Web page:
Q&A: Board Member Owes Maintenance

Q I’m on the board of my 15-unit condo. One of our long-time board members has been behind on his maintenance payments for nearly two years, and now owes the building almost $7,000 in arrears. About 18 months ago, the board attempted to set up a repayment plan with this owner/board member, and he made a couple of lump-sum payments of a few hundred to a thousand dollars, but that was short-lived. There’s been no attempt to pay down the debt in the last four or five months, and the figure just keeps growing.

There are a couple of factors we’d like some guidance on: our bylaws state that a board member must be “in good standing” in order to attend meetings and vote on issues affecting the building. Though the wording is somewhat vague, we feel that “in good standing” includes being up-to-date with maintenance payments, and given this board member’s arrears, he should not be attending meetings and weighing in on building decisions. Is this a correct assumption?

The larger issue is, what options are available to us to recoup this money? We’re a small, relatively tight-knit building, and this board member has done a good job on our behalf in the past—none of us has the stomach to launch a lawsuit or begin foreclosure proceedings against a neighbor. On the other hand, we have a couple of expensive repair projects coming up, and that missing $7,000 would be very useful to us. Every other owner in the building is current with their payments, and it hardly seems fair that they should be subsidizing this owner’s maintenance for month after month. What’s the most effective course of action to take here?

— Nervous Board Member

A “According to your question, your governing documents require board members to be in good standing to participate in board decisions,” says Deborah S. Dunn, an attorney with the Lawrenceville, New Jersey-based law firm of Stark & Stark. “Good standing is usually defined in the governing documents to mean being current on maintenance fees, or a very limited period of time overdue. Although you should be guided by your specific governing documents, generally, a provision such as the one that you reference relates to voting by owners at open meetings. Unless the governing documents clearly state otherwise, the good standing restriction would not apply to board members and their ability to vote during an executive session or otherwise participate on the board.

“With respect to the removal of a delinquent board member, governing documents often only allow for the removal of a board member by a vote of the entire community and not by the board acting on its own. The general proposition is that boards are allowed to do only that which they are authorized to do by the governing documents and are not permitted to remove a fellow board member or prohibit a fellow board member from voting, except as expressly authorized. Absent a specific provision that bars a delinquent owner from serving on the board because of an arrearage, any attempt by the board (without a vote of the community) to restrict a sitting board member’s activities because of arrearage would likely be invalidated by a court. The board could take the position that being on the board is a privilege and implement a formal policy via resolution/rule and regulation whereby a delinquent board member’s service is restricted or suspended during periods of time when the member is delinquent.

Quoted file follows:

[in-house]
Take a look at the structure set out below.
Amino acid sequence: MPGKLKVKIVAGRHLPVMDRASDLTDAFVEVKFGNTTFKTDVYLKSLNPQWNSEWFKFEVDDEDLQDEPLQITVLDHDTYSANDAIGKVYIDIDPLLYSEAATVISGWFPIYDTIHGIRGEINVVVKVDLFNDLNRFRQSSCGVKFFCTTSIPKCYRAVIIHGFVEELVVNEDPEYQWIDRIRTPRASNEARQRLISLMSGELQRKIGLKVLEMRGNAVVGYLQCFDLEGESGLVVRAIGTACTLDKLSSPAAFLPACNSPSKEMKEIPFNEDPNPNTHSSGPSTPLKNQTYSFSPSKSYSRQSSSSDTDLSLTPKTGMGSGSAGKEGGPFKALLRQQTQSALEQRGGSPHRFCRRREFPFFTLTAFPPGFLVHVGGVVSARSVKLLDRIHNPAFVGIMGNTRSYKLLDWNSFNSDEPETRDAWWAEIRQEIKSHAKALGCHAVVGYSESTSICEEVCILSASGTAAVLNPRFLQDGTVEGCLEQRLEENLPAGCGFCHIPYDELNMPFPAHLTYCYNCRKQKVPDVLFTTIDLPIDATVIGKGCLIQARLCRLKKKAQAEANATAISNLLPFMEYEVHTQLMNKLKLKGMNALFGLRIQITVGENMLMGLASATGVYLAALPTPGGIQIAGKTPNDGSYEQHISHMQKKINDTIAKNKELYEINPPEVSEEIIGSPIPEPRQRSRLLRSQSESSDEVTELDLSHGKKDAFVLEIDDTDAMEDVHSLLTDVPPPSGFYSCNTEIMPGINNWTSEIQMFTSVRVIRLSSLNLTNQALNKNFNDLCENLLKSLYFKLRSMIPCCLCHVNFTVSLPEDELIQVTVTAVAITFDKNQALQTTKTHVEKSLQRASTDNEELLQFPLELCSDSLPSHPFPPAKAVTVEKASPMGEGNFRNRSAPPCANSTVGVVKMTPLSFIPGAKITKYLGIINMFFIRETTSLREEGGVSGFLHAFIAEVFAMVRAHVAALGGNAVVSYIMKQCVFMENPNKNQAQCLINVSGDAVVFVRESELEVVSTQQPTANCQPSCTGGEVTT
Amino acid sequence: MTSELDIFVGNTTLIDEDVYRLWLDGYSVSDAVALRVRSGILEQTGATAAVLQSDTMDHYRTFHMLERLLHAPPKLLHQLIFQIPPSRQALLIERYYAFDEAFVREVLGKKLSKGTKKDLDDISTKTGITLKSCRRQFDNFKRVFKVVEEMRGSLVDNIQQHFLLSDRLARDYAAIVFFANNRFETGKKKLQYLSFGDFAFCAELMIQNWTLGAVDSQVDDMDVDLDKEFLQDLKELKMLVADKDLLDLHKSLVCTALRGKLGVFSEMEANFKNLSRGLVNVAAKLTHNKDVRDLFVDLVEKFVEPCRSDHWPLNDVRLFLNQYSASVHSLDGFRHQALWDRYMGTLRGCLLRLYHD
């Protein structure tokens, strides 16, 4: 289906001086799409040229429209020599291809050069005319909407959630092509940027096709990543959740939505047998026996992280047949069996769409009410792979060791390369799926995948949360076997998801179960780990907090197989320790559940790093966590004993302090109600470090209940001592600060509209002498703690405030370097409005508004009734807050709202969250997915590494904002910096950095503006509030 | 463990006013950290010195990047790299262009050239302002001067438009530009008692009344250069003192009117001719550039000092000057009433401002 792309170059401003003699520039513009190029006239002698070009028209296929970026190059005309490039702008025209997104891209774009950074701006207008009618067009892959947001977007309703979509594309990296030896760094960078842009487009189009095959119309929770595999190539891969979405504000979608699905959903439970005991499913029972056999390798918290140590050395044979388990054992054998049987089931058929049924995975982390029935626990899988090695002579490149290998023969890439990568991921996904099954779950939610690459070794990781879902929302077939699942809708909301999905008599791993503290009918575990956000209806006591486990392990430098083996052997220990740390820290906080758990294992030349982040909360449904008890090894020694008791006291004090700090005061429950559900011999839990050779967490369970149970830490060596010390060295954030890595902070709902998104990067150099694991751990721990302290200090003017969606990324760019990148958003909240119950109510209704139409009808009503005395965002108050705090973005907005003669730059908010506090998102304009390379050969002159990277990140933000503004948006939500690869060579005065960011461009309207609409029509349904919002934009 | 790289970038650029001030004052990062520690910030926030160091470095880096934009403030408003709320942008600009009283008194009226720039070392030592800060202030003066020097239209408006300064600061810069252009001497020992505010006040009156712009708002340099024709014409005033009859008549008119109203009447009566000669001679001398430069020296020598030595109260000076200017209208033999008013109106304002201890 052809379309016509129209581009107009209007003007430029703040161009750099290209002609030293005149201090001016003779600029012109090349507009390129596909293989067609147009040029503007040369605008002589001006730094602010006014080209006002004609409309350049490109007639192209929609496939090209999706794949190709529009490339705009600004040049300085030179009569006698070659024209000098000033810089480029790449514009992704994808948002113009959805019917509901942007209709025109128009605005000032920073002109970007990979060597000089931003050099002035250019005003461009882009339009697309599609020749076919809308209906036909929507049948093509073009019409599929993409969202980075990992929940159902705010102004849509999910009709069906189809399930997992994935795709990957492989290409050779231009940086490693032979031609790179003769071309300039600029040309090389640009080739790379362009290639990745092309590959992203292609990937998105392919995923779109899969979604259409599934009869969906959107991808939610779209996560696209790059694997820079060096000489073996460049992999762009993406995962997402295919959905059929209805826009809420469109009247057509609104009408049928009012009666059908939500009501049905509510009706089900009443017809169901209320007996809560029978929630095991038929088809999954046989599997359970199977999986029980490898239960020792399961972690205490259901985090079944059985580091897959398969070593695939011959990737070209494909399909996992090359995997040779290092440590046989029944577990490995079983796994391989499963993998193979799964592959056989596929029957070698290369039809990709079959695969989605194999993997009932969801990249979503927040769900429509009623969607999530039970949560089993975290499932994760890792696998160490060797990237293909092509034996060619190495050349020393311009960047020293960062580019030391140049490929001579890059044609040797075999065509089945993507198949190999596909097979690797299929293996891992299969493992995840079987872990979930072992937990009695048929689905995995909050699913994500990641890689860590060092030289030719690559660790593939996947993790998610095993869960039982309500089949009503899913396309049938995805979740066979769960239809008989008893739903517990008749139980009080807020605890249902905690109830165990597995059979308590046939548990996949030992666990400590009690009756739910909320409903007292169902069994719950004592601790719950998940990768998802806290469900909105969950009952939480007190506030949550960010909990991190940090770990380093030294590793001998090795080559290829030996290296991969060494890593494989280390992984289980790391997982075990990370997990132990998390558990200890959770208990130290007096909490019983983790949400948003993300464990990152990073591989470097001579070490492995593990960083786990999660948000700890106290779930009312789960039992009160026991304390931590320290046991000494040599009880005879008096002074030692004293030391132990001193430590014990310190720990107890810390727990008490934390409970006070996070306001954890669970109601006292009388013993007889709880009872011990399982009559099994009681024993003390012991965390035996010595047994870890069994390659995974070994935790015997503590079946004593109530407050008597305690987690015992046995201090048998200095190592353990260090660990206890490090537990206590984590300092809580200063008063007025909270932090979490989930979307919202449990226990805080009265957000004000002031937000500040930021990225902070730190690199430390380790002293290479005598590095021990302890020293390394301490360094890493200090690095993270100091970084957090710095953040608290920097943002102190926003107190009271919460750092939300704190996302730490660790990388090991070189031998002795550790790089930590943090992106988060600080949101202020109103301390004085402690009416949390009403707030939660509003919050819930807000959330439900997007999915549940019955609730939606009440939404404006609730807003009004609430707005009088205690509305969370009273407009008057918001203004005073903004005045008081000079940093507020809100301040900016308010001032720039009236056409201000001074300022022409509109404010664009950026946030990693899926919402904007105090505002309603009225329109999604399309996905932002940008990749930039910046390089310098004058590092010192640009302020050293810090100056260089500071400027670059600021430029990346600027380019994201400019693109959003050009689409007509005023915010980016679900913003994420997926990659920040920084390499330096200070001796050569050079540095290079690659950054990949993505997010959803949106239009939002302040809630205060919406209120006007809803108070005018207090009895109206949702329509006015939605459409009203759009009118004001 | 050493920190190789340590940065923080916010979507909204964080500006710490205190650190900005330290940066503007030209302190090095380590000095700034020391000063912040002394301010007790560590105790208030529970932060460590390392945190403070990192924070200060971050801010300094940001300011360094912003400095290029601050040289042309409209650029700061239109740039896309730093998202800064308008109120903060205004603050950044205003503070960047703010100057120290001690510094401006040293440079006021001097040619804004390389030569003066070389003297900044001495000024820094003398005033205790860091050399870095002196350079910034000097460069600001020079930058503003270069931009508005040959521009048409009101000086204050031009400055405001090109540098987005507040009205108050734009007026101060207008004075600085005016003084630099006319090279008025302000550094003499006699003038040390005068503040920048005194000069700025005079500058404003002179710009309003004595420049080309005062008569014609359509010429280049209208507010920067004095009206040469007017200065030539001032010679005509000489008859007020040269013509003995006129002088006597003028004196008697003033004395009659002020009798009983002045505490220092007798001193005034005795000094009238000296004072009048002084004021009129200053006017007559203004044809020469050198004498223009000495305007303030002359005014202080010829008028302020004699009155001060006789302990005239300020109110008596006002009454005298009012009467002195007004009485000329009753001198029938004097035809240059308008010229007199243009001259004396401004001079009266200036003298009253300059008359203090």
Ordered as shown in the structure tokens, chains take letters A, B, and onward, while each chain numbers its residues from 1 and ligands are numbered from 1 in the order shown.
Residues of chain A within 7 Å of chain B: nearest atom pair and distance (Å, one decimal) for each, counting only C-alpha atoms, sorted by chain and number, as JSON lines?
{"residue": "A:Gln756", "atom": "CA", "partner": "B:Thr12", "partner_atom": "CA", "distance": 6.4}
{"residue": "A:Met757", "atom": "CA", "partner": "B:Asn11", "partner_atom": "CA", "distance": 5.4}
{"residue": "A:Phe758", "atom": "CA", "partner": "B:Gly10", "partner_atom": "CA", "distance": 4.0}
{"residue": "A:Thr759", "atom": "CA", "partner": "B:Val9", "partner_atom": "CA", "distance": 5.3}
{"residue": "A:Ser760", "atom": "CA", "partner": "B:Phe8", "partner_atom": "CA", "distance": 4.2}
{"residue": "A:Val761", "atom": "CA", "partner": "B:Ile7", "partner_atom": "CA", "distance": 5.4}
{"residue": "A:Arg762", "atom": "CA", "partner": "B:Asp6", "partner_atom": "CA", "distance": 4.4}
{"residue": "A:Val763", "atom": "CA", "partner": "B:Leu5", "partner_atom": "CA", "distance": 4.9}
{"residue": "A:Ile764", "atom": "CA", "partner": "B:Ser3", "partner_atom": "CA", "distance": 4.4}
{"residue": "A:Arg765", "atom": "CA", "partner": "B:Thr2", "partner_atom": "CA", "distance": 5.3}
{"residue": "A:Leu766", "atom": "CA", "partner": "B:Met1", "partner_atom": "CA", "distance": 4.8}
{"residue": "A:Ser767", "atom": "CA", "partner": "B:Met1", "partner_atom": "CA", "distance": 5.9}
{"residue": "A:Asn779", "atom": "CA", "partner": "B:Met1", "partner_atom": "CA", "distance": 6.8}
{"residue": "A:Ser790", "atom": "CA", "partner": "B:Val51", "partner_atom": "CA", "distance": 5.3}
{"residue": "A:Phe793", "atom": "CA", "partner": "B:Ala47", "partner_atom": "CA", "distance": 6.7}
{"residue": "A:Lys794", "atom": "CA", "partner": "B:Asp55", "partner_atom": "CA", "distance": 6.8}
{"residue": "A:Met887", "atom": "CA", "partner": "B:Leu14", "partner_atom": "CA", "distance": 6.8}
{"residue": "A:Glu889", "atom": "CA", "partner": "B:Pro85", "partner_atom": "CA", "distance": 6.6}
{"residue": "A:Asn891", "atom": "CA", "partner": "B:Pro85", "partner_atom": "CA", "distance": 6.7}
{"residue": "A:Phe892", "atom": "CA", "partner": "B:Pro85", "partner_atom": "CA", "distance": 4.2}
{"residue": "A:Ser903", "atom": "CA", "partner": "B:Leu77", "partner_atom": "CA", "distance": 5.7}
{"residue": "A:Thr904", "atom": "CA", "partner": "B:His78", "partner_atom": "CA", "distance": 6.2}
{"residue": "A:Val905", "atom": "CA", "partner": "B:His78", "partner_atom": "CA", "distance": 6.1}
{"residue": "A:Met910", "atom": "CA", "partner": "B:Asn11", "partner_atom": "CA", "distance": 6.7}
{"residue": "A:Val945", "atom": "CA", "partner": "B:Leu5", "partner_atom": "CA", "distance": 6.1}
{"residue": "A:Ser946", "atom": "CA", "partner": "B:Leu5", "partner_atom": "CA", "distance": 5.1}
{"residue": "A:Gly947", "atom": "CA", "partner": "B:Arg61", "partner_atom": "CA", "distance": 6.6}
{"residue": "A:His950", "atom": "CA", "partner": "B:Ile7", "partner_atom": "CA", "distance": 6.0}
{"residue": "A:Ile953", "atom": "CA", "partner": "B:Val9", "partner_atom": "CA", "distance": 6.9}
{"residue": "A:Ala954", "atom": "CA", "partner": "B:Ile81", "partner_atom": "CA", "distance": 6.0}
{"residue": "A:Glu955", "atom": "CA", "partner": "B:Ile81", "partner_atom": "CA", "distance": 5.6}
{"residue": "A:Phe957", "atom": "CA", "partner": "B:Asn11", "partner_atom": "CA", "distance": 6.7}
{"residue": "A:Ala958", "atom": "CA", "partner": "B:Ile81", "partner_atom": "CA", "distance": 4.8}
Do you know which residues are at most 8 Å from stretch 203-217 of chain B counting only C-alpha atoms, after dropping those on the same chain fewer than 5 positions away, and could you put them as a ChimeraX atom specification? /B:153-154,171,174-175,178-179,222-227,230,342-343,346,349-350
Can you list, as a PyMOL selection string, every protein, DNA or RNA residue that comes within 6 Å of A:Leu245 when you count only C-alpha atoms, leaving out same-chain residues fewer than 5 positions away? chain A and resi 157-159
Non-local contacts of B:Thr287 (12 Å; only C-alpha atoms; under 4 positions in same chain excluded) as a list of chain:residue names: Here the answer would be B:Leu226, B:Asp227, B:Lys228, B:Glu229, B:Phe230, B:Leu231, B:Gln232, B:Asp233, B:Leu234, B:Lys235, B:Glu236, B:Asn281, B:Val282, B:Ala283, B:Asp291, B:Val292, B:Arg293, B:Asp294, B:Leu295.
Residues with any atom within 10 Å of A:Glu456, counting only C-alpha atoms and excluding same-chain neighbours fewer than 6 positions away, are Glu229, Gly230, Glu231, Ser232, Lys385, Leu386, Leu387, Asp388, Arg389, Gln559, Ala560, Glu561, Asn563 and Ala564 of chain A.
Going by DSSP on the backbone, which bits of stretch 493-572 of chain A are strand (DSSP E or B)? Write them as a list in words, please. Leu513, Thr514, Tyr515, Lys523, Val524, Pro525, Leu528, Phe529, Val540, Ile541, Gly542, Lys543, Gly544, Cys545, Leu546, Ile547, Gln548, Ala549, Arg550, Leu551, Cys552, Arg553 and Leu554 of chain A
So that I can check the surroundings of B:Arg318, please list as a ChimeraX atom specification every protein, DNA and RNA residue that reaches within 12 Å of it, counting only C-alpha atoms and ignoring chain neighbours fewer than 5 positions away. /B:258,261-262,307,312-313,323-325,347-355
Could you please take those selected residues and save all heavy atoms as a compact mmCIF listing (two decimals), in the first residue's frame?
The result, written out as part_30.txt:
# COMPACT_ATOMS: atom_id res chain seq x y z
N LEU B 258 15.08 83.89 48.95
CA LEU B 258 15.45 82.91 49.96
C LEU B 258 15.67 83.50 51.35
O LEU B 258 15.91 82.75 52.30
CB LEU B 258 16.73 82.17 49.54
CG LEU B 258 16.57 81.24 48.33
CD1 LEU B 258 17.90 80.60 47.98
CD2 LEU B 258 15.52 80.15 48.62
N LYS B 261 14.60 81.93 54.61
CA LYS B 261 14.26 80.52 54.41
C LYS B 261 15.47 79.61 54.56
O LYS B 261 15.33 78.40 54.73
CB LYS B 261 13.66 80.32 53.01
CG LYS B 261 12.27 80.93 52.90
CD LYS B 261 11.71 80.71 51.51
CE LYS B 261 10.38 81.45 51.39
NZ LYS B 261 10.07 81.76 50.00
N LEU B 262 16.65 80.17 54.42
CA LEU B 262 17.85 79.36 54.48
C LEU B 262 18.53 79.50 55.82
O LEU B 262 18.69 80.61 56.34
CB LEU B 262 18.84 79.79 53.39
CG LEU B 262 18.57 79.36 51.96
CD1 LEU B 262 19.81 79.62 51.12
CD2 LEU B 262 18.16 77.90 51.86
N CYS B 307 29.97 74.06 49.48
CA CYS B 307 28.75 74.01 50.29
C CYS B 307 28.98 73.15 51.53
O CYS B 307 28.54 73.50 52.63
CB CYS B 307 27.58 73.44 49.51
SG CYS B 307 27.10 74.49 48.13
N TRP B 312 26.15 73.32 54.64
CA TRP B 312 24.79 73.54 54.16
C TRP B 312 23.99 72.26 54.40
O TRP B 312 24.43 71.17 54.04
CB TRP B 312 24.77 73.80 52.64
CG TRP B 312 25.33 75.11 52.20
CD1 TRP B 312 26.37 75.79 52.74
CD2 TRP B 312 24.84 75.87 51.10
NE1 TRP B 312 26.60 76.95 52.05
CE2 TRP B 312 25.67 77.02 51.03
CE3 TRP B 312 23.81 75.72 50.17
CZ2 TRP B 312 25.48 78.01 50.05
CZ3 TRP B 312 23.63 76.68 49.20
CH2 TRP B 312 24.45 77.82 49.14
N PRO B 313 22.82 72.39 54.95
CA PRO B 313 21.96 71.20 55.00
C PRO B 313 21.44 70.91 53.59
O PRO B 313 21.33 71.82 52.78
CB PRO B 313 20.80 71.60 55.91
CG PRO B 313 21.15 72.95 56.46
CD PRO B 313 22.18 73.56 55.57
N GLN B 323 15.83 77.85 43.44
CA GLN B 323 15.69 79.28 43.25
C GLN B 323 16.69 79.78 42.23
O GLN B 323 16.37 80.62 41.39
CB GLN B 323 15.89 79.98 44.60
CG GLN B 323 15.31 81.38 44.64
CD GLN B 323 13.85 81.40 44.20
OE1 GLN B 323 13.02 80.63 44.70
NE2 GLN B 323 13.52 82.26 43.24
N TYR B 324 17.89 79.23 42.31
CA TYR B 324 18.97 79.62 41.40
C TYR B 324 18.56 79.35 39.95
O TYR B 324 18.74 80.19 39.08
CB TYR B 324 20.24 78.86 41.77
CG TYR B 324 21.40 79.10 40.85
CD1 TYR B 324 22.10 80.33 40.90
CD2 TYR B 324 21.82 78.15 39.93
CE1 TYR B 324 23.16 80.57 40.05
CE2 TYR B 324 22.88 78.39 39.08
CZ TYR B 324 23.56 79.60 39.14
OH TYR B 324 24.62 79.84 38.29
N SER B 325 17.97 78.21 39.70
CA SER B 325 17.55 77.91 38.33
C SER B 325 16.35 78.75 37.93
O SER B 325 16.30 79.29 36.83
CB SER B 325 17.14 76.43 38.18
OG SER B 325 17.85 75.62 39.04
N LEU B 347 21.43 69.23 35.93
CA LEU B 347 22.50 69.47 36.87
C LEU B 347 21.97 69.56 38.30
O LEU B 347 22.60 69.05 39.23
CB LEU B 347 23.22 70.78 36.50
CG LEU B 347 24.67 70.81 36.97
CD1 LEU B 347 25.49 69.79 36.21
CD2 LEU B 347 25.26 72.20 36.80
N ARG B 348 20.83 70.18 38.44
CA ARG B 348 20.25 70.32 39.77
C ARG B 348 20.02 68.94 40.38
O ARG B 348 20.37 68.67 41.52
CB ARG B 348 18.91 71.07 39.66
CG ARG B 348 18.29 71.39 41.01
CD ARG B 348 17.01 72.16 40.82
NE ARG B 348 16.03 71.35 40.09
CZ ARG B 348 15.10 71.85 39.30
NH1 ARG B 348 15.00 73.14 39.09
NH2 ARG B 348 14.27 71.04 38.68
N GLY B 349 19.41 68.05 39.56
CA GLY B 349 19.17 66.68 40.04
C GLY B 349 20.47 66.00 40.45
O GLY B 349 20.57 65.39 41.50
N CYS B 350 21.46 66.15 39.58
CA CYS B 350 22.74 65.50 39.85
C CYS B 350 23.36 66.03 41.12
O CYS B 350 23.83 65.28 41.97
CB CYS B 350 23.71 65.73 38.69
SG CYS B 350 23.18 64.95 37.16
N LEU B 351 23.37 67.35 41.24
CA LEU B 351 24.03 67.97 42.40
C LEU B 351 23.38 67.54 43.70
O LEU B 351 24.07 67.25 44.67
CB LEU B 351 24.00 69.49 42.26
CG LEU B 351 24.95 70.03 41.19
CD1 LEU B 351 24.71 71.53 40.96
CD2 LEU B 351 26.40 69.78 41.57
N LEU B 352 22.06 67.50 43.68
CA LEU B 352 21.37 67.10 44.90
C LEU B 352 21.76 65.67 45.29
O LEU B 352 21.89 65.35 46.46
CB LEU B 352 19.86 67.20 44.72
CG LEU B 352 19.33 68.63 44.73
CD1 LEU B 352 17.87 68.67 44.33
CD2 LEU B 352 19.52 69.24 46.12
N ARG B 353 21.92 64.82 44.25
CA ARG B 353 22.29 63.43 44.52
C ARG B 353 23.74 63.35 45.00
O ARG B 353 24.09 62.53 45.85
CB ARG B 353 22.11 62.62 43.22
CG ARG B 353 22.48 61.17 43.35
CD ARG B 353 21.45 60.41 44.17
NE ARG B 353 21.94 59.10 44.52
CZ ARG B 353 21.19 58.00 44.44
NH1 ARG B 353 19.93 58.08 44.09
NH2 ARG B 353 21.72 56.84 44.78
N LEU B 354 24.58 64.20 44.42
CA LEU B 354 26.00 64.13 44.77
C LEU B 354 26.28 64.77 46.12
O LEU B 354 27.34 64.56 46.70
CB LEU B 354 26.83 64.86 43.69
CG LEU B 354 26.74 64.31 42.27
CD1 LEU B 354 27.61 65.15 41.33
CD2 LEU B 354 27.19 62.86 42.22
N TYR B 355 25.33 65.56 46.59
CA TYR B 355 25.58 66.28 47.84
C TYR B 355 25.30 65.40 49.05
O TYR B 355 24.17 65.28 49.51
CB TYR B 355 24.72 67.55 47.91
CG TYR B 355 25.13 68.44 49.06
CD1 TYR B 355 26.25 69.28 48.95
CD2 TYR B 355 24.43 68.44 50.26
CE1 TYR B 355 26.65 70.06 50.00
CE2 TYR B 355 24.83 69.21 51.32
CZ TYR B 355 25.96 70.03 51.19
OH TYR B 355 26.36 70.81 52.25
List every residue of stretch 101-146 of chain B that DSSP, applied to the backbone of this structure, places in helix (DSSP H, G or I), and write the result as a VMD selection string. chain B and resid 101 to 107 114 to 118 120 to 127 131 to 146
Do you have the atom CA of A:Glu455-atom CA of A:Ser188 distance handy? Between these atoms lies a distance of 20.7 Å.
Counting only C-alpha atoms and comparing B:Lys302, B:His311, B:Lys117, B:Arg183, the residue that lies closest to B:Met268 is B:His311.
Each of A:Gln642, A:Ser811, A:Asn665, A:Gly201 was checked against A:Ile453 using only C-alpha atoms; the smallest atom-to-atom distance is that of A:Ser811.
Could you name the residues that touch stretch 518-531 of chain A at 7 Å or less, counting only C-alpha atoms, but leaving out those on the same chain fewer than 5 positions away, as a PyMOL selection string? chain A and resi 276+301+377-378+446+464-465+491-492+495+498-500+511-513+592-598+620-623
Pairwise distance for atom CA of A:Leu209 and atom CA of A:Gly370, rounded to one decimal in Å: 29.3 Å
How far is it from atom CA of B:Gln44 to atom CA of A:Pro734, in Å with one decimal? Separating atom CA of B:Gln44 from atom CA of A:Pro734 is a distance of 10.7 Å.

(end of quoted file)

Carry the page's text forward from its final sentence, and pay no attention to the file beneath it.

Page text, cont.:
“With that said, while I’m sure that the work that this owner/board member has done for the community is appreciated by all, the board has a fiduciary obligation to the entire community to ensure that all maintenance fees are collected from all owners. It is also important that the board not show favoritism or establish a precedent which could impair its ability to collect maintenance fees from this or other owners in the future and should certainly pursue collection efforts against this and all other delinquent owners.

“There are several options available to you to assist in collecting arrearages. First, and most importantly, it is critical to record a lien against the delinquent owner’s unit. Recording a lien against the debtor is not the same as initiating a lawsuit and does not mean that the board has to foreclose on the lien. Filing a lien is important, however, because it secures the debtor’s obligation to pay at least part of the monies owed. A lien will also ensure that the association will get paid prior to any transfer of title in the event the unit is sold by the debtor. Before recording a lien or initiating other collection efforts, the board should consult an attorney to ensure that its efforts comply with the associations governing documents and governmental regulations, including, but not limited to the Fair Debt Collection Practices Act.”

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Comments

  • This is not true. The condominium by-laws are part of the NYS Conominium Act. It clearly states in Article 6. Section 6 - "DEFAULT IN PAYMENT OF COMMON CHARGES OR ASSESMENT: "....a unit owner defaulting in payment of Common Charges or assessments shall not be permitted to vote at any regular or special meeting of Unit Owners". This also includes being a candidate for the Board of Managers. If a unit owner is deliquent in their common charges or assessments & is permitted to run for the Board & is elected, then according to the by-law, how can that unit owner vote on issues at Board Meetings?